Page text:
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Field trip in a box

When COVID-19 makes it impossible for students to go to the Bradbury Science Museum, the Bradbury Science Museum comes to them.
August 28, 2020
Here, a group of students work on Manhattan Project activities at the Museum — pre-pandemic (so no masks or social distancing).

Here, a group of students work on Manhattan Project activities at the Museum — pre-pandemic (so no masks or social distancing). For field trip kids, “we thought that maybe we could put together kits of the little radios, which are actually small media players, and the wooden cipher that could be sent to the students. We could load the radios with encoded messages and with WWII-era radio programs. We could create an activity that would encompass the Manhattan Project, radio, and encryption,” says Mel Strong.

These virtual field trip kits are free!

 

When the pandemic hit earlier this year, museums across the globe shut their doors. Then, the big question was: What next? They could put their collections online, offer virtual tours, set up webpages with activities and videos…but what about a museum like the Bradbury, which is steeped in hands-on experiences for students? Educator Mel Strong knew that, while virtual field trips can have their perks, they can’t offer the full breadth of what the Bradbury has to offer. 

Take a field trip themed around the Manhattan Project as an example, he says. Sure, students will watch a movie and look at artifacts at the museum. “But a significant portion of their time is spent doing hands-on activities that relate to communications during World War II,” he says. From Morse Code keys to a period-correct radio to decoding tools, the group learns by trying things out.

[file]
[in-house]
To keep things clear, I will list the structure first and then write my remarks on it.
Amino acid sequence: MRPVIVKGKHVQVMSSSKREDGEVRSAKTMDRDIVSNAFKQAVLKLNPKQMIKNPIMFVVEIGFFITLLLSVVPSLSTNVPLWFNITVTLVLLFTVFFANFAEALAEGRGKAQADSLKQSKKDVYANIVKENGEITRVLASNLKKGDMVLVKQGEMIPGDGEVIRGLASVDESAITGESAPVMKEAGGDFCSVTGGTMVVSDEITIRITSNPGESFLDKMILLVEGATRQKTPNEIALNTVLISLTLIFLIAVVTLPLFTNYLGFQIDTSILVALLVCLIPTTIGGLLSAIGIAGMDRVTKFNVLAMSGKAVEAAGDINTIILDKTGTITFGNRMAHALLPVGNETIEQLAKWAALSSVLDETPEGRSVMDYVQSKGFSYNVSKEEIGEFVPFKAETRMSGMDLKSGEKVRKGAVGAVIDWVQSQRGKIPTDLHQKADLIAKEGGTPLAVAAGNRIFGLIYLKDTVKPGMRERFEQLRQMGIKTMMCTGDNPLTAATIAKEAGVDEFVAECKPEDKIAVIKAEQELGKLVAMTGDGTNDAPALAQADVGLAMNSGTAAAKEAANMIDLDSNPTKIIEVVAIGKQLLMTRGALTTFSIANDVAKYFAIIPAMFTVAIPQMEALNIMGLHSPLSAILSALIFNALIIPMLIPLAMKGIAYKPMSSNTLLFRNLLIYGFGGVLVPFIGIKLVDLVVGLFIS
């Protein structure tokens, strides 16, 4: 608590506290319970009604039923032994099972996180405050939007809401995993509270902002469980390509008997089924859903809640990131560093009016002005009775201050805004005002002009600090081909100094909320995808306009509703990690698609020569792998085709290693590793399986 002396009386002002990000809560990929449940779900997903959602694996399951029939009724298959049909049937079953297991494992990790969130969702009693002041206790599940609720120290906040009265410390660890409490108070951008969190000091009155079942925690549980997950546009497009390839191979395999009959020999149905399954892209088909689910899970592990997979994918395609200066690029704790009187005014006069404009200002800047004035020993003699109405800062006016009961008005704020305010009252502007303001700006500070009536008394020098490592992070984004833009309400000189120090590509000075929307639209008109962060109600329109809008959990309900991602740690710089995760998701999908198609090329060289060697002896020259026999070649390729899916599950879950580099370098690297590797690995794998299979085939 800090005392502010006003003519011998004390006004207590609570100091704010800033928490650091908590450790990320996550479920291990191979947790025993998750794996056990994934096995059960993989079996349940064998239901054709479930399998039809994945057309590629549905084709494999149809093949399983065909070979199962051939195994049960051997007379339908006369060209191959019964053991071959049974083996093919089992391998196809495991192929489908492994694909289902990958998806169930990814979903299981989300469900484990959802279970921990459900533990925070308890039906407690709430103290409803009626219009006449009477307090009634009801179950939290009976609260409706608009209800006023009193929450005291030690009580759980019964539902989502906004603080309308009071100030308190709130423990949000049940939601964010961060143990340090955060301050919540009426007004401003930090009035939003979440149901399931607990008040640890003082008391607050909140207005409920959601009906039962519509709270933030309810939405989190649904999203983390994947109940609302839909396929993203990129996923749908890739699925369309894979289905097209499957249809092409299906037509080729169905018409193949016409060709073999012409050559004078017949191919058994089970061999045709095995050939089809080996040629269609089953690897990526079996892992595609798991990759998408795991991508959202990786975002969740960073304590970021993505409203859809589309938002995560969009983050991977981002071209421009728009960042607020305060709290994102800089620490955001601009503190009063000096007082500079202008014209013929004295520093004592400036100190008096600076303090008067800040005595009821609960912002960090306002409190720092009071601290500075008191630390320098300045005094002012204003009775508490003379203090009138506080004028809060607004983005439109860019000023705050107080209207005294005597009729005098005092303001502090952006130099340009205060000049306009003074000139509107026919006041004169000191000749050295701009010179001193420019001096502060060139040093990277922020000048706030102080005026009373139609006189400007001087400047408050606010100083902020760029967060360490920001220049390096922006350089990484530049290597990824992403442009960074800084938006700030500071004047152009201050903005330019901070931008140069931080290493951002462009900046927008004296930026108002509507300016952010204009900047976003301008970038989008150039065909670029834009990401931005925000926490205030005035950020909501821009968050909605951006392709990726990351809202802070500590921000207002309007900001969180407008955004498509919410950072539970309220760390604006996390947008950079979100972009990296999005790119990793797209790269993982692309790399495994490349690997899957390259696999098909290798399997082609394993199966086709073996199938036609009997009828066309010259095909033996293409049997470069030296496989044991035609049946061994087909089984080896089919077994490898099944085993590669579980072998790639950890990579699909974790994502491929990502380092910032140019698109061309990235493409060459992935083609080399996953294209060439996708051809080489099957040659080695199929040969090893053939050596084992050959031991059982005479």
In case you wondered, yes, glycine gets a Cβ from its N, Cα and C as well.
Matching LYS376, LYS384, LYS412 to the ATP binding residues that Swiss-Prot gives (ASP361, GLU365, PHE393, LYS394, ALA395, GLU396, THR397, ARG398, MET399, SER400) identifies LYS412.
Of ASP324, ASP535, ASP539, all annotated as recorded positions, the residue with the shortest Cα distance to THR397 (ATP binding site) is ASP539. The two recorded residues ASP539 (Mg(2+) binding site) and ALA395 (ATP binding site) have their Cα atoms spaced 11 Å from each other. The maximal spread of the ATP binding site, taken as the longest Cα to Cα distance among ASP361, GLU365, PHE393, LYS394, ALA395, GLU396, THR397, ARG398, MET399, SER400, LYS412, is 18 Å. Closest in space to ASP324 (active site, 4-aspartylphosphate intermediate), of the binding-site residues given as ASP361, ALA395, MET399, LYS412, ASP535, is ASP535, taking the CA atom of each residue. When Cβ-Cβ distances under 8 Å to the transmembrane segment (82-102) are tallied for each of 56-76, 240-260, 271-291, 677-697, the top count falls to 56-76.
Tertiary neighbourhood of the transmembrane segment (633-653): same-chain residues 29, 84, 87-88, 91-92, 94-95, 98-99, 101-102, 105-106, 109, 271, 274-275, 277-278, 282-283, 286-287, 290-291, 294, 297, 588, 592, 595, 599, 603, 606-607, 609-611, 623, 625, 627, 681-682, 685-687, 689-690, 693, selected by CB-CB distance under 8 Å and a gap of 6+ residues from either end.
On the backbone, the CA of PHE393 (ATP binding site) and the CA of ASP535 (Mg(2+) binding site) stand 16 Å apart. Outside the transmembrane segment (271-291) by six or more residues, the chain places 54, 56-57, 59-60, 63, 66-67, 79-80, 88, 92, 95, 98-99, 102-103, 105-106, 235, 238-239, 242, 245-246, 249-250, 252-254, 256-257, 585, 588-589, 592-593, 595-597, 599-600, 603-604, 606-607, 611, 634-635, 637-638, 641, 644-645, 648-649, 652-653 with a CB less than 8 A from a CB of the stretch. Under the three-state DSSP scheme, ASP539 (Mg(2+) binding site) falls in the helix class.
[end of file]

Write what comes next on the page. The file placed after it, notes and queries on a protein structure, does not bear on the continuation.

“Staring at a screen is not a substitute for a field trip, but when you consider that students are now online and staring at screens for most of their day now, it becomes even less attractive,” Mel says. 

The answer? Themed kits — pertaining to the Manhattan Project, for example, or the Bradbury’s ribosome exhibit — filled with materials for students to use (and often keep). 

The immunity-themed kit focuses on understanding how viruses make us sick, says educator Chelsea Redman. The kit contains a pencil, scotch tape, scissors, cardstock, plastic sauce cups and labeled plastic building flakes. “The activity simulates one way that viruses hijack our cells and their machinery and how our body responds,” she says. Follow-up components will help students visualize the purpose of mask-wearing, social distancing and stay-at-home orders. 

materials kit
An immunity-themed kit, still in progress.
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More immunity-themed field trip kit components.

Mel and Chelsea are still brainstorming themes, assembling kits and sorting out details. As they do, an interesting possibility is bubbling up. The kits could actually give the educators the chance to go more in depth than before. “We may connect to the students more than once over several weeks, becoming far more involved with a school group than a single two-hour visit to the museum would normally allow,” Mel says.

To learn more about the Bradbury’s virtual educational programming, or if you’re an educator interested in offering feedback on our Virtual Field Trip survey, please contact us bsm-edu@lanl.gov.